consultant. She managed process and conversion projects for the Big Four accounting firm and earned an MBA at Columbia Business School. Then, in 1999 she found herself on the leading edge of another venture when she joined one of the first electronic trading companies that ultimately revolutionized Wall Street. “It was right when things were moving away from the floor of the New York Stock Exchange to electronic,” she says. “It was such a magical time because things were moving so quickly, and the industry was changing so rapidly.” In the early 2000s, Noonan brought her ever-expanding skill set to Goldman Sachs, where she helped to lead the investment bank into a new era. She successfully oversaw the integration of a newly acquired electronic trading platform throughout the entire global franchise. These experiences led to successive leadership positions at Deutsche Bank — first as chief operating officer of electronic trading, then COO of global equity derivatives, and finally, COO of global equity trading — all culminating in 2016 with the launch of Rialto Markets, a firm Noonan co-founded with her husband, Rob, and a former colleague. Named after the Italian bridge known to be one of the world’s first marketplaces, Rialto Markets is a brokerdealer that uses blockchain-based digital securities to simplify and streamline a private market investment process that in the past has been prohibitive for both companies and investors. “A lot of my background and experience has been in using technology to build infrastructure around different asset classes in the public markets,” she explains. “What we’re doing is building out the infrastructure for private markets.”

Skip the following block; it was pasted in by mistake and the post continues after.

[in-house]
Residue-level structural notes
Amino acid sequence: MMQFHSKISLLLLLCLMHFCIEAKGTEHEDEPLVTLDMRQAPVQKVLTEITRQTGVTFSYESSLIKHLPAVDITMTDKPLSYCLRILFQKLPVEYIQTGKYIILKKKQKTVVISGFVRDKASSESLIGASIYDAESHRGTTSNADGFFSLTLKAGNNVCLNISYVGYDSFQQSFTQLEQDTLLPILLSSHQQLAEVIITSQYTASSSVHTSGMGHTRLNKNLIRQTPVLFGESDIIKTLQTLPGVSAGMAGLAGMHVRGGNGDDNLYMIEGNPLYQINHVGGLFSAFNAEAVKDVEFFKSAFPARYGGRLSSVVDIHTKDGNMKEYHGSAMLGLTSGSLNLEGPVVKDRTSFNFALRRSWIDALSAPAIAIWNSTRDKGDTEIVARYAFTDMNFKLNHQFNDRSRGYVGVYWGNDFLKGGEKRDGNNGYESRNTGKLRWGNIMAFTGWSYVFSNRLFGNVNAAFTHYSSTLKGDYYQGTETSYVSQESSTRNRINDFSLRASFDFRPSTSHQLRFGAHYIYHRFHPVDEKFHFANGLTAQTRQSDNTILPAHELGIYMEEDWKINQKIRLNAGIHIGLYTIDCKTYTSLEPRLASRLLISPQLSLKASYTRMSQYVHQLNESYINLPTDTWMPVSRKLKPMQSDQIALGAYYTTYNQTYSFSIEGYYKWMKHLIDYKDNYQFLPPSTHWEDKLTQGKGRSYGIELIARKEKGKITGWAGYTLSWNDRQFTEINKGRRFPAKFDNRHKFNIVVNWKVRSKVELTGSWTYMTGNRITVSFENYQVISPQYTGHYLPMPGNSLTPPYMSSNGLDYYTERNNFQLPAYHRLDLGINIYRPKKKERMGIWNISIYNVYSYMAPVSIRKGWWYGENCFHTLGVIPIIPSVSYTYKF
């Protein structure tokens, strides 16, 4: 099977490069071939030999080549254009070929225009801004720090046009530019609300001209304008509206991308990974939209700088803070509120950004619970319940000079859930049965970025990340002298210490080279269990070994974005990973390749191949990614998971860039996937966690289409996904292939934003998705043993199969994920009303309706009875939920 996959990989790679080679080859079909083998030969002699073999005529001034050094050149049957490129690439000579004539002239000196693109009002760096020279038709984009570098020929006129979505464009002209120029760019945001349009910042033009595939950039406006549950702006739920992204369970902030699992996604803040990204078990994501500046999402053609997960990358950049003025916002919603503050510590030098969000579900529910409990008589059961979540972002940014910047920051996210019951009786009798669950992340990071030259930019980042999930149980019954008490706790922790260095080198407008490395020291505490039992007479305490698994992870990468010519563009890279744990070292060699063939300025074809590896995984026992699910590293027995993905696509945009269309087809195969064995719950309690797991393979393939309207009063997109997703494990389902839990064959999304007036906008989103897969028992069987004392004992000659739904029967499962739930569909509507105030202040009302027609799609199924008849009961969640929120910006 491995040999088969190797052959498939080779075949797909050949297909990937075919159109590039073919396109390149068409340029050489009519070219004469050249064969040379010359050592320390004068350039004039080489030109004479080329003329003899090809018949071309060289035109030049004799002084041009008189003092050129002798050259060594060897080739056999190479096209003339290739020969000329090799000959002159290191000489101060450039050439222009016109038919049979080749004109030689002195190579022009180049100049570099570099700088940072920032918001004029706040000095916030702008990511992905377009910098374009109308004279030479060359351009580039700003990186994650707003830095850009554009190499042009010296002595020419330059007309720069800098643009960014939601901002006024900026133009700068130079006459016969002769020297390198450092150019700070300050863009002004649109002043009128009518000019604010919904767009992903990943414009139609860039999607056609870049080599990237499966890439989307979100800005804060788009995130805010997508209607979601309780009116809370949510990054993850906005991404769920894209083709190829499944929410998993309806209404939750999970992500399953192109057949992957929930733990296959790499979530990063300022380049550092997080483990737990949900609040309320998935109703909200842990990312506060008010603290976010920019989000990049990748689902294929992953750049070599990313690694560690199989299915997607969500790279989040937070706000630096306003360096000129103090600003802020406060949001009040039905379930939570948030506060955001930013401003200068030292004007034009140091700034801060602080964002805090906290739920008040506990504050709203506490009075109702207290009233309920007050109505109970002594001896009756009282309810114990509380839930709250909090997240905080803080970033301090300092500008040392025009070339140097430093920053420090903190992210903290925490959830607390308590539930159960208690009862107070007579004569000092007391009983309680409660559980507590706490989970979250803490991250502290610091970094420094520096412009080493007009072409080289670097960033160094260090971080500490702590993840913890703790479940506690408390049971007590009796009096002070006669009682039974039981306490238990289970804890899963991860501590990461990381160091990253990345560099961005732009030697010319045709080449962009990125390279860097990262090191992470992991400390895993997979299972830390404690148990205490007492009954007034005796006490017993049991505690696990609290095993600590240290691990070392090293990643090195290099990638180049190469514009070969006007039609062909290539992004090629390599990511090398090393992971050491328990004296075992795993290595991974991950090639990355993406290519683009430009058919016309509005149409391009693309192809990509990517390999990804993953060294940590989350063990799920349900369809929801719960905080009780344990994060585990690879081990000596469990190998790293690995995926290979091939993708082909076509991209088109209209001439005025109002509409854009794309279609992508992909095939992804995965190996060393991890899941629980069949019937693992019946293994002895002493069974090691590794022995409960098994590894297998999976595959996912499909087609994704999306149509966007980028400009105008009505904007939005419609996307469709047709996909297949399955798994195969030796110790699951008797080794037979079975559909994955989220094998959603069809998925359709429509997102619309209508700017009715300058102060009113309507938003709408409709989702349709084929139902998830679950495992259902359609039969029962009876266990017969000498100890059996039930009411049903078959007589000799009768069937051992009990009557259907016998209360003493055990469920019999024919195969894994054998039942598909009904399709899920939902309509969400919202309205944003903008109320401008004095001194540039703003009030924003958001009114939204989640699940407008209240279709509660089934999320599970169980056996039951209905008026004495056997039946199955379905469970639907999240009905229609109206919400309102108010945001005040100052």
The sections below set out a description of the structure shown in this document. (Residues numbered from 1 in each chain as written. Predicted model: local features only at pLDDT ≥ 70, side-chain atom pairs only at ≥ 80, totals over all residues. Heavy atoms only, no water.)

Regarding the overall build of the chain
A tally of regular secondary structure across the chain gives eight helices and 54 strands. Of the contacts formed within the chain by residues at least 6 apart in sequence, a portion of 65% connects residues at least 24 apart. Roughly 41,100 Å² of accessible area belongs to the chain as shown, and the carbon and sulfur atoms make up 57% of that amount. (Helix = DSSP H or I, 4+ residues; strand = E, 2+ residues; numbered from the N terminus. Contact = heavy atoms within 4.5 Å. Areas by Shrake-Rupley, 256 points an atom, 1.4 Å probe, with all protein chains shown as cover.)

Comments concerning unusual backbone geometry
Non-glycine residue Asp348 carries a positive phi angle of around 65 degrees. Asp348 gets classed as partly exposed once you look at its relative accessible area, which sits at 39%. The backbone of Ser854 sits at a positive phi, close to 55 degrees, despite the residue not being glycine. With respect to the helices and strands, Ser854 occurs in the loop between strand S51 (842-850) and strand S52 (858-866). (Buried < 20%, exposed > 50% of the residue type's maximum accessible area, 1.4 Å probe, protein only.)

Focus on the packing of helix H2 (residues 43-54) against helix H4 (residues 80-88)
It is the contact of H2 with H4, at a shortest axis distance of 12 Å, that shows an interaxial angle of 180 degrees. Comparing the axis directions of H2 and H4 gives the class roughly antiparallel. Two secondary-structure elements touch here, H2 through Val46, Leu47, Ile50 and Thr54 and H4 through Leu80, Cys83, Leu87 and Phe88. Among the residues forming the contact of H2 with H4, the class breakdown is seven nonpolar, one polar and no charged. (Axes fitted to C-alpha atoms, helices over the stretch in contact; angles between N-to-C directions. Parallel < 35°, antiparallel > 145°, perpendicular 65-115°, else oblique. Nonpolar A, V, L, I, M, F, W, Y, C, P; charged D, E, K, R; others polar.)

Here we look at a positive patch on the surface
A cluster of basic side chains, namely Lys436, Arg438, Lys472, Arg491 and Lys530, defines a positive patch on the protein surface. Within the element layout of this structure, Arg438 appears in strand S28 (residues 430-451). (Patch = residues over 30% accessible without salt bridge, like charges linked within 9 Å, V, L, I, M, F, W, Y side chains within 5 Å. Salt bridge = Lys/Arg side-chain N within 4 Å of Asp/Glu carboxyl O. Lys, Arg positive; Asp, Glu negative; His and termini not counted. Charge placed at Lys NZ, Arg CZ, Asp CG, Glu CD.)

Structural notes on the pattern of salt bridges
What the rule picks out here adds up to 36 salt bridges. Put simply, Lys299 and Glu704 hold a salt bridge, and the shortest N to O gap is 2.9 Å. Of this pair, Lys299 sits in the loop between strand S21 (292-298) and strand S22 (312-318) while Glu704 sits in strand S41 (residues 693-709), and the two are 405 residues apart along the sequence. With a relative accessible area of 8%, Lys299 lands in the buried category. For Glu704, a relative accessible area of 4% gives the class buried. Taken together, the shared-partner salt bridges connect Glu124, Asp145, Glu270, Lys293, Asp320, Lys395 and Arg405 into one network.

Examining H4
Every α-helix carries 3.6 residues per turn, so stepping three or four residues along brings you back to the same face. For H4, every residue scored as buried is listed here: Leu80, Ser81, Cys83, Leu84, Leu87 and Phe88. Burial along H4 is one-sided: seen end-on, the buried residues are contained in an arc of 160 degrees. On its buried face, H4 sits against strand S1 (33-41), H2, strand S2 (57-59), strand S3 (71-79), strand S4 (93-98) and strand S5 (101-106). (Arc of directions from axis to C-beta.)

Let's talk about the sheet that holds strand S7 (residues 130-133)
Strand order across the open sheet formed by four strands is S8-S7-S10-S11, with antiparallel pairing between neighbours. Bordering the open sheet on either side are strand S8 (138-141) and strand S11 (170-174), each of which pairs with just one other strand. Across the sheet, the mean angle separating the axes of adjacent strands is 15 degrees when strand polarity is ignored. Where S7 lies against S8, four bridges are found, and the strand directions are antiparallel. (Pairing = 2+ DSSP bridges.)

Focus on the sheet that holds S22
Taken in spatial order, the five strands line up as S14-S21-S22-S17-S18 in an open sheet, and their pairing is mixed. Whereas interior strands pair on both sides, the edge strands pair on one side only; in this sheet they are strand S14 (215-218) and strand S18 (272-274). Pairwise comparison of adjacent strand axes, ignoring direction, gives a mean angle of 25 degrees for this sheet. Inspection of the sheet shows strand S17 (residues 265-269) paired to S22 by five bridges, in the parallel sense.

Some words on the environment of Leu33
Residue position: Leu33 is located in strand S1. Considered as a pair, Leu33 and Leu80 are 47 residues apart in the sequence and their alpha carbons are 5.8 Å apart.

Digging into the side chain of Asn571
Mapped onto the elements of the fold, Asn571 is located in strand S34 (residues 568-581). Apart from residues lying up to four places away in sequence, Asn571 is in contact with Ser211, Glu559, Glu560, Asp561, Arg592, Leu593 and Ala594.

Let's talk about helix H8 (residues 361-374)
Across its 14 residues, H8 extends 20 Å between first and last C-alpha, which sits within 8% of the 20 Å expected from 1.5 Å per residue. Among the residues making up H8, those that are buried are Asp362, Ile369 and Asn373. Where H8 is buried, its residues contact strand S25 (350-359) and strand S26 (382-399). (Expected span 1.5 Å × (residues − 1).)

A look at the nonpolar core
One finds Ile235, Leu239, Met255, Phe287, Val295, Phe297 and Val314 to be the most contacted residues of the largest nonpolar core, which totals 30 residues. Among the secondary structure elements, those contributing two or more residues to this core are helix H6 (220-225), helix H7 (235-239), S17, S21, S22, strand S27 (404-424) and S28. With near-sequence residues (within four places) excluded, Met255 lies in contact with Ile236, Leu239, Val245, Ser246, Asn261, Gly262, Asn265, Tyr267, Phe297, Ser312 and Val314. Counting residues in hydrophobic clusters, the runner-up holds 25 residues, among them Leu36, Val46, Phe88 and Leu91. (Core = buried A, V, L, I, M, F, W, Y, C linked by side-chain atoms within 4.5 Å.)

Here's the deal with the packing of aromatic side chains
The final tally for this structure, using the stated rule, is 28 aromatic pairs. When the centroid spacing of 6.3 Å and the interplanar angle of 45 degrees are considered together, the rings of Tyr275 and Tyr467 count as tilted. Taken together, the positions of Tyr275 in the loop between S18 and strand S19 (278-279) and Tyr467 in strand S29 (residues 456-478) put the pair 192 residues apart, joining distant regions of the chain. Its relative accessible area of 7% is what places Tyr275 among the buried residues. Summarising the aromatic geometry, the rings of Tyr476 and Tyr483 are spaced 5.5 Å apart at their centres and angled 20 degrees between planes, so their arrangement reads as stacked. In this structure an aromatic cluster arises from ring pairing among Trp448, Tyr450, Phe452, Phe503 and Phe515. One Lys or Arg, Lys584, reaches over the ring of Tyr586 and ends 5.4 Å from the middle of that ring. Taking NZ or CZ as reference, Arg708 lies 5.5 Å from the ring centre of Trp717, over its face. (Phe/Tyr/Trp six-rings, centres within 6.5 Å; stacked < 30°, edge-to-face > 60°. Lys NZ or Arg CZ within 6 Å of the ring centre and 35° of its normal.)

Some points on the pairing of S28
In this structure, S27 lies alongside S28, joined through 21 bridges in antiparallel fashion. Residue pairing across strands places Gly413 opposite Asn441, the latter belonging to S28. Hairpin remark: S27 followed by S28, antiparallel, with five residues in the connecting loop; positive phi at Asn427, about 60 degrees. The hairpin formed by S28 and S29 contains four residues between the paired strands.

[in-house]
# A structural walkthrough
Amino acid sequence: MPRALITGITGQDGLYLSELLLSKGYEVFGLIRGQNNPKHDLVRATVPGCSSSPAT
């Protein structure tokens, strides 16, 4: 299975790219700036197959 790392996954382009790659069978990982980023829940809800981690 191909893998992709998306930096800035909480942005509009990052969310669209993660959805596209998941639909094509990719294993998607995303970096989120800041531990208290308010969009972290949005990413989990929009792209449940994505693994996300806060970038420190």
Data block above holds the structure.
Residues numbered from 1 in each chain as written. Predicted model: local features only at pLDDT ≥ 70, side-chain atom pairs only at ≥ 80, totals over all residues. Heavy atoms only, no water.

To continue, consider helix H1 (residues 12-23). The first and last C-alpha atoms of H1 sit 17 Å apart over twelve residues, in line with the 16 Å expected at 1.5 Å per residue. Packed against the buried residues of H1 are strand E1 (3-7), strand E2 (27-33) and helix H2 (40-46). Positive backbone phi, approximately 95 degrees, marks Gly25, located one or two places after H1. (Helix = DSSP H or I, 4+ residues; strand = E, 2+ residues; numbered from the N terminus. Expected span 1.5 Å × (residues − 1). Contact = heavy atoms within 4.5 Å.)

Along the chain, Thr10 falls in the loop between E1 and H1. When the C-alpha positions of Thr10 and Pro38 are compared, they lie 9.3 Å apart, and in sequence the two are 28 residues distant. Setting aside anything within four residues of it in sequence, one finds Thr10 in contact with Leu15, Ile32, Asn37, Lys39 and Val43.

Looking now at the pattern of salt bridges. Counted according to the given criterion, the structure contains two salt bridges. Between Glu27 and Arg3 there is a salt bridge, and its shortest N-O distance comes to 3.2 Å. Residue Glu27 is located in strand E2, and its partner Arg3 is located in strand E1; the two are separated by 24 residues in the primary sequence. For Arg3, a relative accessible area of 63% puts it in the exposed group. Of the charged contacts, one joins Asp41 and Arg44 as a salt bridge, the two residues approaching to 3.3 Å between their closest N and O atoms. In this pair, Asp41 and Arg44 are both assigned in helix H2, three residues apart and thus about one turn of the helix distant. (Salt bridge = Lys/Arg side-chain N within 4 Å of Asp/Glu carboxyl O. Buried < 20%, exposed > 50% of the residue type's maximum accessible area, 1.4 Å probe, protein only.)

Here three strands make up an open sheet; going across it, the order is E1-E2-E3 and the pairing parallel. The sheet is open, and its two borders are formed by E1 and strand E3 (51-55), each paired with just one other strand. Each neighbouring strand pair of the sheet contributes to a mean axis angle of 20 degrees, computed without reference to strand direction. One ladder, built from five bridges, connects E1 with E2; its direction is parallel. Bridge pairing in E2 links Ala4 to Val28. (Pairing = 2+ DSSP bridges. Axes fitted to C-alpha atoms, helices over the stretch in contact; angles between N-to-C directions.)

Operating as an alternative trading system (ATS), Rialto Markets is an SEC- and FINRA-registered digital electronic trading system that is authorized to conduct transactions. “Shari is focusing on what I consider to be one of the most exciting parts of the financial industry today, and that is taking equity and debt offerings of private companies and allowing those to be traded on an electronic platform,” says Dr. David Krause, director of Marquette’s AIM program and associate professor. “Rialto will also be helping to unlock private market liquidity for newly created intangible digital assets. “This is as innovative as when she went to work for that very first company back in the late ’90s where they created the first electronic trading platform for public stocks. That was revolutionary. Now here she is, 20 years later, at the forefront of a brandnew emerging aspect of the industry.” In the past, only a select group of wealthy people had the access and ability to invest in young, private companies, he adds. But the blockchain-based digital securities market makes it possible for a more diverse group of individual investors to participate. Over the years, Noonan has stayed deeply connected to Marquette. She is a former college advisory board member and has supported the AIM program for many years, as a guest speaker, mentor and host to interns. “Marquette worked with me to craft unique experiences in a way most universities would not — I did not have normal in-the-box goals,” she says. “There was always a real sense of understanding the person. I think it is so important to continue to foster that environment of curated experiential learning.”